Therapy definitely still has a stigma around it.
It’s hard to shake the reputation past generations have given something, especially when it comes to therapy; however, what most people don’t see is that a therapy session is like a diamond mine. You uncover a lot of yourself, and that includes the gems and the duds. But the duds don’t have to be negative.
Everyone goes through traumatic events in their lives, leaving them with scars that they either face head-on or repress to be dealt with at another time. Eventually, to be your best self, you need to address those events, and it’s extremely hard to do.
The combination of quarantine and therapy has shown me how great I am at repressing emotions. It’s easy to do when you have distractions—school, work, friends, even traffic. Once all of that was taken away, I had to face my true self, including the emotions I locked in a box and put away someplace I assumed was far away. In reality, they were closer than I ever imagined, and they didn’t take long to come to the surface.
That’s where my therapist comes in, or as I affectionately call him: my bro Dr. B.
I’ve been going to Dr. B for over a year now, and he’s made me realize the habits that have made me me for worse or for better. It’s refreshing to have someone call you out on your BS, especially when you know they’re doing it with your best interest at heart. Sure, family and friends can be like that, but therapists are just different.
They’ll call you out, but they won’t judge you. They give you suggestions, but will never force you to do something you don’t feel comfortable doing in that
moment. They’ll listen and witness you exhibiting the same behavior over and over again, but they’ll always be patient with you. They’ll sit there while you cry, but you know by their expressions that they feel sympathy for you, but a sympathy that won’t cloud their judgment on what you still need to do to better yourself. Basically, they’ll go through your life with you being a great asset that knows how to balance soft and tough love.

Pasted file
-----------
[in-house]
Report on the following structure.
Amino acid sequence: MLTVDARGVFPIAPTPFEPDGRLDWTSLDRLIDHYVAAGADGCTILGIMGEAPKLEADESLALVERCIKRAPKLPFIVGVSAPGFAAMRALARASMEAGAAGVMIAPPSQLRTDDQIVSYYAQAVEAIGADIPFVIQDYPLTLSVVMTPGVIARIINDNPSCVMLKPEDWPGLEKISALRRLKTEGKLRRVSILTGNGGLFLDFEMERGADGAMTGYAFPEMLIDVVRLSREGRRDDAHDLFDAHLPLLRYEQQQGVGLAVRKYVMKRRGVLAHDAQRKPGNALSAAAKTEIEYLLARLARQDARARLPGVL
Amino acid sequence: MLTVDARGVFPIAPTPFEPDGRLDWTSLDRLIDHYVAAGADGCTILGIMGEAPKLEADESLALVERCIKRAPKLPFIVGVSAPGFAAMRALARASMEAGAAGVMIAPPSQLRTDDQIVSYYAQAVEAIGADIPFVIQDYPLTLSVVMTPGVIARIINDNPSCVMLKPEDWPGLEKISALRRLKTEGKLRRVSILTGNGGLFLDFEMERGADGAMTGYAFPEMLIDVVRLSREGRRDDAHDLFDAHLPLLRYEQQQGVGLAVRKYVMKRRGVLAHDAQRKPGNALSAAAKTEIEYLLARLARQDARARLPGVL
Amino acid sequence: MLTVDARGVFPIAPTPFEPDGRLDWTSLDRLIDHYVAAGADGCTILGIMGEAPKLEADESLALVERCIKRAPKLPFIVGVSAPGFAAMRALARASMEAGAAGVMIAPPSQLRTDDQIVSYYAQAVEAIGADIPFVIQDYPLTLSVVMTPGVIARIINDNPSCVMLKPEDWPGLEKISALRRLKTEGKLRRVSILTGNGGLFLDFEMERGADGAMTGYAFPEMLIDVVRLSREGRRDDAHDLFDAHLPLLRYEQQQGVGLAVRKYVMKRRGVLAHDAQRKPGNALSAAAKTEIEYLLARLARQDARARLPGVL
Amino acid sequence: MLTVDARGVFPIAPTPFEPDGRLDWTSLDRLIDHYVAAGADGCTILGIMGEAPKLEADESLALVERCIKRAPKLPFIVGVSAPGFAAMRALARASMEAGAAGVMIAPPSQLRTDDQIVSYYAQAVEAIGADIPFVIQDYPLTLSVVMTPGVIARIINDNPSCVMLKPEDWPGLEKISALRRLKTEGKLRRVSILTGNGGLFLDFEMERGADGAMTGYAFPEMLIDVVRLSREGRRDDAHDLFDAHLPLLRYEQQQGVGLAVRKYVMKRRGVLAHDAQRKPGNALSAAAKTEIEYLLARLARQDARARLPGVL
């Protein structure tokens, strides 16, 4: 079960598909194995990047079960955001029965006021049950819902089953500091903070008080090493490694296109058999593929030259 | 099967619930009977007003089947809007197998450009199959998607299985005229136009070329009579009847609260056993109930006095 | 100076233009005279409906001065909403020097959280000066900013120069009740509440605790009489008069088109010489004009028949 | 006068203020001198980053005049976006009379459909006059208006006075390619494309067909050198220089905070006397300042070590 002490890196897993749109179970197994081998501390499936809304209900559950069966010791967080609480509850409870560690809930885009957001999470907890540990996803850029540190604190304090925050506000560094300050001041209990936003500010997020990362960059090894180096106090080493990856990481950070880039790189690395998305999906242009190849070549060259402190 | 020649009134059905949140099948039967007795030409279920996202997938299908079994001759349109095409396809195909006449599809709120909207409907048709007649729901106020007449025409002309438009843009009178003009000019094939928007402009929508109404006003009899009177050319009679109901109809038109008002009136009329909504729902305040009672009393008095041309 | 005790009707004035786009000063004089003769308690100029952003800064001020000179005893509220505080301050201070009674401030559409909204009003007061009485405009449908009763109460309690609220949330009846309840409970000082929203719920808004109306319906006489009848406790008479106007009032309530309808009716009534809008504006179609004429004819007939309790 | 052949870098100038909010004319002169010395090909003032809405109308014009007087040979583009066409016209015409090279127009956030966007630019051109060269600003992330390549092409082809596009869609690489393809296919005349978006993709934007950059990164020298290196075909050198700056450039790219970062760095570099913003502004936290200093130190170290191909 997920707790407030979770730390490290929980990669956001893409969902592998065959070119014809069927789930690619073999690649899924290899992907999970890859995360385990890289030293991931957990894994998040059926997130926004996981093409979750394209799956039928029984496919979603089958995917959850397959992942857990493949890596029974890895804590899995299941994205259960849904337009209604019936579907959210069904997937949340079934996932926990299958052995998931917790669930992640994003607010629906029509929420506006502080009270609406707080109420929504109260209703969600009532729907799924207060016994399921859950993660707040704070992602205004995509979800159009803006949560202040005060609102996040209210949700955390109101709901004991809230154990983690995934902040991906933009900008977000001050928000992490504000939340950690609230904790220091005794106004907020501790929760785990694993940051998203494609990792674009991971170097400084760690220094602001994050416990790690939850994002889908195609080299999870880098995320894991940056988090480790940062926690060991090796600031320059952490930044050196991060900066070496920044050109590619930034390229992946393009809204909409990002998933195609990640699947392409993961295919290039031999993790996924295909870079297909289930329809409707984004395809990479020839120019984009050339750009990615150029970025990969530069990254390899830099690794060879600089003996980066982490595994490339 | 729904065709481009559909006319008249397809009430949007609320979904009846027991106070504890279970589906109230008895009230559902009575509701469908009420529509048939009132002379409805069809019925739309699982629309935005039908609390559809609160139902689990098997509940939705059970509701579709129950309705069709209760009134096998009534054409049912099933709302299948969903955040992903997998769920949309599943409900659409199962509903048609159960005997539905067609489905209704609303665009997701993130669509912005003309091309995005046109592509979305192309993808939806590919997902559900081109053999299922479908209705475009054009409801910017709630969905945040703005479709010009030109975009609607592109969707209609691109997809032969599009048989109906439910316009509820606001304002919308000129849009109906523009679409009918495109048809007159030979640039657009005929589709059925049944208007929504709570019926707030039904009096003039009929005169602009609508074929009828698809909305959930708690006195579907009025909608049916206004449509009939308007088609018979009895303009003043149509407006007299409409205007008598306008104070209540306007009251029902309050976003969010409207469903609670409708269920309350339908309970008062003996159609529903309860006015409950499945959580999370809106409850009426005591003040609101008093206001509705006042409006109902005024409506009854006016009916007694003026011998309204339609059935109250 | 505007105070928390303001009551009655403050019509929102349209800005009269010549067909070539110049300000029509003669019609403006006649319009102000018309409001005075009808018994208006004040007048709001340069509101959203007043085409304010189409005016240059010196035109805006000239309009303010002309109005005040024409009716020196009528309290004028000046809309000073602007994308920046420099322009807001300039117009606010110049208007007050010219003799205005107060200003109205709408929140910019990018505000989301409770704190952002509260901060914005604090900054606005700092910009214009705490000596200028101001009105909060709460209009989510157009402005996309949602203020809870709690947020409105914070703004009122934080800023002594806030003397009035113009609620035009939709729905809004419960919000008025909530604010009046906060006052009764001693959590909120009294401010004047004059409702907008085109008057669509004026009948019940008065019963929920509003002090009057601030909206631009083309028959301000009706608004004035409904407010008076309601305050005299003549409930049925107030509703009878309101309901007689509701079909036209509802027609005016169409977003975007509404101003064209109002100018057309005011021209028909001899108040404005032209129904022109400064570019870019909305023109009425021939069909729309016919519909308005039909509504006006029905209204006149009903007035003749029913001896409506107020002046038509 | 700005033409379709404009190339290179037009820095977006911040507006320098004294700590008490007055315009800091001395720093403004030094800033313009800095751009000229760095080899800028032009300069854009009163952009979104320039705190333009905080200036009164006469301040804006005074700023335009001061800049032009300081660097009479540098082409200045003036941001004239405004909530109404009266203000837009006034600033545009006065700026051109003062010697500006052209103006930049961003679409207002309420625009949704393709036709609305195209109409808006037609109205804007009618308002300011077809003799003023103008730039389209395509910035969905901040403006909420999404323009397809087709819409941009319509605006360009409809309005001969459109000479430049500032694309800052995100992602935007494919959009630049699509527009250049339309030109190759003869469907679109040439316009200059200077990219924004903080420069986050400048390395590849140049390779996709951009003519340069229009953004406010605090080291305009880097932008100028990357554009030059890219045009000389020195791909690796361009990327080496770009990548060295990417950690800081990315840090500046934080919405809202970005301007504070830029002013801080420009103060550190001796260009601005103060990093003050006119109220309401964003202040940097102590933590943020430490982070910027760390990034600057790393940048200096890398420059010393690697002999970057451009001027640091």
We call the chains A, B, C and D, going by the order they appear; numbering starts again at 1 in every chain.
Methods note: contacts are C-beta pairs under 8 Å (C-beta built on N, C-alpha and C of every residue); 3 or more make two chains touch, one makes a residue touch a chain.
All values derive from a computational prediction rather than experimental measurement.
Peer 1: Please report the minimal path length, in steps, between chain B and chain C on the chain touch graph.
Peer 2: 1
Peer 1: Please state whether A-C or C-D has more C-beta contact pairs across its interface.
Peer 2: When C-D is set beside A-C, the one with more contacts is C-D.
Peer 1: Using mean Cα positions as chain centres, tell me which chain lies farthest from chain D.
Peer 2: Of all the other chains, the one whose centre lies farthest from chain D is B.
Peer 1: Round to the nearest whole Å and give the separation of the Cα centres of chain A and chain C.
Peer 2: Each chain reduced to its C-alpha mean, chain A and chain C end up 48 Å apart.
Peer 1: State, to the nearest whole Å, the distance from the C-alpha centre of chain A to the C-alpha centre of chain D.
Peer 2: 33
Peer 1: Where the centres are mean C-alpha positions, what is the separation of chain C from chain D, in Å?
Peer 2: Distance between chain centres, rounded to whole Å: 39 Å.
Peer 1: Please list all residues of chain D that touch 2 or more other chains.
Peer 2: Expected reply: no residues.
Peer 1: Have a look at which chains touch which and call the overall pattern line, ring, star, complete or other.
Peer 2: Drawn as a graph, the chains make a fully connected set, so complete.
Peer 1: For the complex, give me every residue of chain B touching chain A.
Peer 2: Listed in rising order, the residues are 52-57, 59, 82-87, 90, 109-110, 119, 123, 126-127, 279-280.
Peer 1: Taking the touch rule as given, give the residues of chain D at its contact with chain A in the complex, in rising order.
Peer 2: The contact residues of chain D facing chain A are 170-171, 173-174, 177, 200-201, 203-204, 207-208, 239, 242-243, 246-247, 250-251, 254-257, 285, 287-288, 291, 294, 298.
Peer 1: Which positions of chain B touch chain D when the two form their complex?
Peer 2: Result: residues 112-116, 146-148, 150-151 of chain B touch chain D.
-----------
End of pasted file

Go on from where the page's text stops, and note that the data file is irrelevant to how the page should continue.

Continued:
I’ve realized that seeing Dr. B has been an investment in myself, which is new for me. I’ve always sacrificed my health for other people or other things, and it led me to develop anxiety, and now, depression. Even though it’s rough to deal with these illnesses, my therapist makes it easier.
Dr. B helped me see how I ended up here, how I continue patterns that my family has had for generations, how I can change me. I may not be able to change other people, but I can change myself. That’s something I’m still learning to do because I’m always worried about hurting other people’s feelings if I put myself first, but Dr. B reassures me that it’s not selfish to put my health and well-being first, especially if I’m doing it over people that do not treat me with the same respect as I do them.
Yes, it’s hard to have to deal with hard-hitting emotions, but in the end, they’ll help me feel better overall. I’ve put self-care off too long, and I’m nowhere near where I believe I should be. Therapy isn’t something that works after two sessions. I’m barely in the second stage of what Dr. B calls “Changing my Behavior” and I’ve been in it for months. I can pinpoint my problematic behavior and habits, but doing something out of my norm is difficult. Ultimately, I know I can do it, but I need more time, and that’s okay.
Society expects us to complete tasks in the shortest time no matter what. I’ve quickly learned that I don’t need to follow society. I’m taking things at my own pace, and it’s been great! I still struggle, but the struggles are necessary to help improve myself and my life.
Written by Michelle Allende